Once the two Kentucky stars got to the NBA, however, a few factors swung the comparison as rookies in Towns' favor. The first is durability. Unfortunately, the injuries that hampered Davis as a rookie have been a problem throughout his career. He's yet to play more than 68 games in a season, and the knee debridement Davis underwent in March may be an indicator of long-term trouble with the knee.

On the court, Towns showed more ability to create his own shot as a rookie than Davis. He was assisted on 68 percent of his baskets last season, compared to 77 percent for Davis. Not coincidentally, Towns was able to use a higher share of the Timberwolves' plays, posting a 25 percent usage rate as a rookie. Davis didn't reach that mark until Year 2, using 22 percent of his team's plays during his rookie season.

That's important because although Davis has made strides as a shot creator, it remains a relatively weak spot in his game. When he was forced to create more of his own shots this season due to the injuries that struck the New Orleans Pelicans at the guard spot, Davis saw his efficiency as a scorer plummet.

When we account for the difficulty of the shots he took, Davis was actually a poor shooter as a rookie. Davis shot 5.4 percent worse than the 53.4 percent effective field goal percentage (eFG) an average shooter would be expected to post on the same shots he took as a rookie, based on quantified shot quality (qSQ).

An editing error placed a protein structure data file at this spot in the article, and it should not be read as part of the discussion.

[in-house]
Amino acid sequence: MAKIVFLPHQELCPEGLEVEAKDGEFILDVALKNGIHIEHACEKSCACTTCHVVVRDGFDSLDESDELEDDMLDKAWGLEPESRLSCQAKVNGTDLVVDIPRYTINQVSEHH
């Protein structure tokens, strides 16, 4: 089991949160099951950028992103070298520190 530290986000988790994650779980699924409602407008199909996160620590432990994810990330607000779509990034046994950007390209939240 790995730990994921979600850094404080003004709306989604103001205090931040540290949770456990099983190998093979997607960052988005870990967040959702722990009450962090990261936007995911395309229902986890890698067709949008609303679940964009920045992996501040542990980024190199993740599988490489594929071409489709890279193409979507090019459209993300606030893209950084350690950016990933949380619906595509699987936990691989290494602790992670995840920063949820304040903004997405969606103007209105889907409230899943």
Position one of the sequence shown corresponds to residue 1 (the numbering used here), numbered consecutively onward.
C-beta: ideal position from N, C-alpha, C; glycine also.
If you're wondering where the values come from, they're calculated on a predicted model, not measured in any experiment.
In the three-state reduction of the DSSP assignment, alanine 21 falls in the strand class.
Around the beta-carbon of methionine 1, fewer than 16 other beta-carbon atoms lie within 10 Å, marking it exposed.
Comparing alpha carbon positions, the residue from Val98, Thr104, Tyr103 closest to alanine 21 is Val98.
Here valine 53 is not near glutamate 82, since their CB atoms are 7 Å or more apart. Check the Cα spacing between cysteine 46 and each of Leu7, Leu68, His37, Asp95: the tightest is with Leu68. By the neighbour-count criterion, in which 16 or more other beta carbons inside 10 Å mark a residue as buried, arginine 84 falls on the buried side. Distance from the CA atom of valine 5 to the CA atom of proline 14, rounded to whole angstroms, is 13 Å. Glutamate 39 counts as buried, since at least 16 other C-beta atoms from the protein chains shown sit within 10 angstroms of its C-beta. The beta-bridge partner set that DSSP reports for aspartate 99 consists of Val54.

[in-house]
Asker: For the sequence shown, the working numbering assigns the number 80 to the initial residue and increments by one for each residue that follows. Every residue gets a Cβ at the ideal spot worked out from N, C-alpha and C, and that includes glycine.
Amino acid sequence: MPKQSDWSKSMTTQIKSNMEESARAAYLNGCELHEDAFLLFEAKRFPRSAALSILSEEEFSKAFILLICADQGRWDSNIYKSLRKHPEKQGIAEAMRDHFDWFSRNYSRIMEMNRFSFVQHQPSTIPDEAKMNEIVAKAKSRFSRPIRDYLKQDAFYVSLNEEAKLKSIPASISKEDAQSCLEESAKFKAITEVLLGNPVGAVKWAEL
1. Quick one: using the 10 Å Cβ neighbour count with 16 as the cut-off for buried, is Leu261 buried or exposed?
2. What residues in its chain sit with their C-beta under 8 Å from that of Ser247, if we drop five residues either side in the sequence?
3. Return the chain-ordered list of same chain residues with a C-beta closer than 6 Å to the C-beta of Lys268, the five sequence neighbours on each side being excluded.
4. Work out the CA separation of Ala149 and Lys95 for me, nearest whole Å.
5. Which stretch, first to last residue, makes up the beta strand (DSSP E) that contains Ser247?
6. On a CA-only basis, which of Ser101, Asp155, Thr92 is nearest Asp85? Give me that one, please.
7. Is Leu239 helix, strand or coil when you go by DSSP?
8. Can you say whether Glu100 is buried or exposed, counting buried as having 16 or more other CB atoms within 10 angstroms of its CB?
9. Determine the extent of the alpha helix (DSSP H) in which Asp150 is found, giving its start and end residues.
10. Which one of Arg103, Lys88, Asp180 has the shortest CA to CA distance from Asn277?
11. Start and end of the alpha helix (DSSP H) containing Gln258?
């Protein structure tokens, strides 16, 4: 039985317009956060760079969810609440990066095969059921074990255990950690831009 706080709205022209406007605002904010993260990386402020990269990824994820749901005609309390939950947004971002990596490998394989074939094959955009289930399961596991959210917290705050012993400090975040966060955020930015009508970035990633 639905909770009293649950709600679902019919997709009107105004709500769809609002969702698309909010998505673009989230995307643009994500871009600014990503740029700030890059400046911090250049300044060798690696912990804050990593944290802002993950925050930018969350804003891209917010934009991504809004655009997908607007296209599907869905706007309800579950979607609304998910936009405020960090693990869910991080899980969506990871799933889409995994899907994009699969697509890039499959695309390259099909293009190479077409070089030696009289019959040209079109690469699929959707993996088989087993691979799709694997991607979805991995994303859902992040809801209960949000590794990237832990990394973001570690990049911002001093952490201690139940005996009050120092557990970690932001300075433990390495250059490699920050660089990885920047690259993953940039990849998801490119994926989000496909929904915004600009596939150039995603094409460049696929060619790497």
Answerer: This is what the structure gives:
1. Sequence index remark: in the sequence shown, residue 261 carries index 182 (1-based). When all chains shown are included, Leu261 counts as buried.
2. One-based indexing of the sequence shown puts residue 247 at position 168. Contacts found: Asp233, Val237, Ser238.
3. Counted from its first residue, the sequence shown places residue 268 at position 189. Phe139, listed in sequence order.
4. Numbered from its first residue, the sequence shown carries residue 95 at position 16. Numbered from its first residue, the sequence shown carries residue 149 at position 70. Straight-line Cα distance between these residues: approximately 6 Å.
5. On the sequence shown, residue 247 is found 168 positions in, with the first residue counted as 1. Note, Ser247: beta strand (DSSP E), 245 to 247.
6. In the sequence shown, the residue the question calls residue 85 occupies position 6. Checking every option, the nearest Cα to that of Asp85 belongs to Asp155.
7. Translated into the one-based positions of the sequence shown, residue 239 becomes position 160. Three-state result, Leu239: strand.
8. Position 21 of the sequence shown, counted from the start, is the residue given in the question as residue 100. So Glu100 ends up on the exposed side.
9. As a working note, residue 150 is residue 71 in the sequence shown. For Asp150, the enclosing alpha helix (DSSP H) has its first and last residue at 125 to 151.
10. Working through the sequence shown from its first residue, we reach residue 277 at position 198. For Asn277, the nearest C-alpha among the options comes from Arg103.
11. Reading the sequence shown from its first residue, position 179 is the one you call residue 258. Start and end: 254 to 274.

In part because of his 3-point shooting (he made 30 3s as a rookie, while Davis didn't make any), Towns had an eFG 7.2 percent better than his 48.3 percent qSQ, putting him among the league's top 20 shot makers in terms of quantified shooter impact. For a 20-year-old rookie, that's remarkable.

Lastly, Towns showed more promise as a playmaker, handing out 2.2 assists per 36 minutes as a rookie. Davis, who averaged barely half that mark as a rookie (1.2 per 36 minutes), didn't reach Towns' level until his third season.

Projecting Towns

So what might Towns become years down the road, when he reaches his NBA prime? His rookie season suggested the potential to become a talent unlike any we've seen before.

Towns has the versatility to score inside and out. Per Basketball-Reference.com, his 50.6 percent shooting on 2-point jumpers beyond 16 feet ranked second among players with at least 100 attempts, and many of those shots will likely become 3-pointers in future seasons. Additionally, Towns was one of the league's best post scorers, averaging .99 points per direct post-up, tied for fourth among the 20 players with at least 400 post opportunities.

Versatility could also be Towns' defining characteristic at the other end of the court. He's an above-average shot-blocker, but Towns displayed his real potential on April 5 when the Timberwolves became only the second team all season to beat the Golden State Warriors at Oracle Arena. In that game, Towns repeatedly switched on Stephen Curry and chased around the smaller MVP, allowing him to make only one of four shot attempts on those plays.

A center who can shoot 3s, score in the post, block shots and switch onto smaller guards defensively? That's the kind of potential that makes Towns the best prospect since James.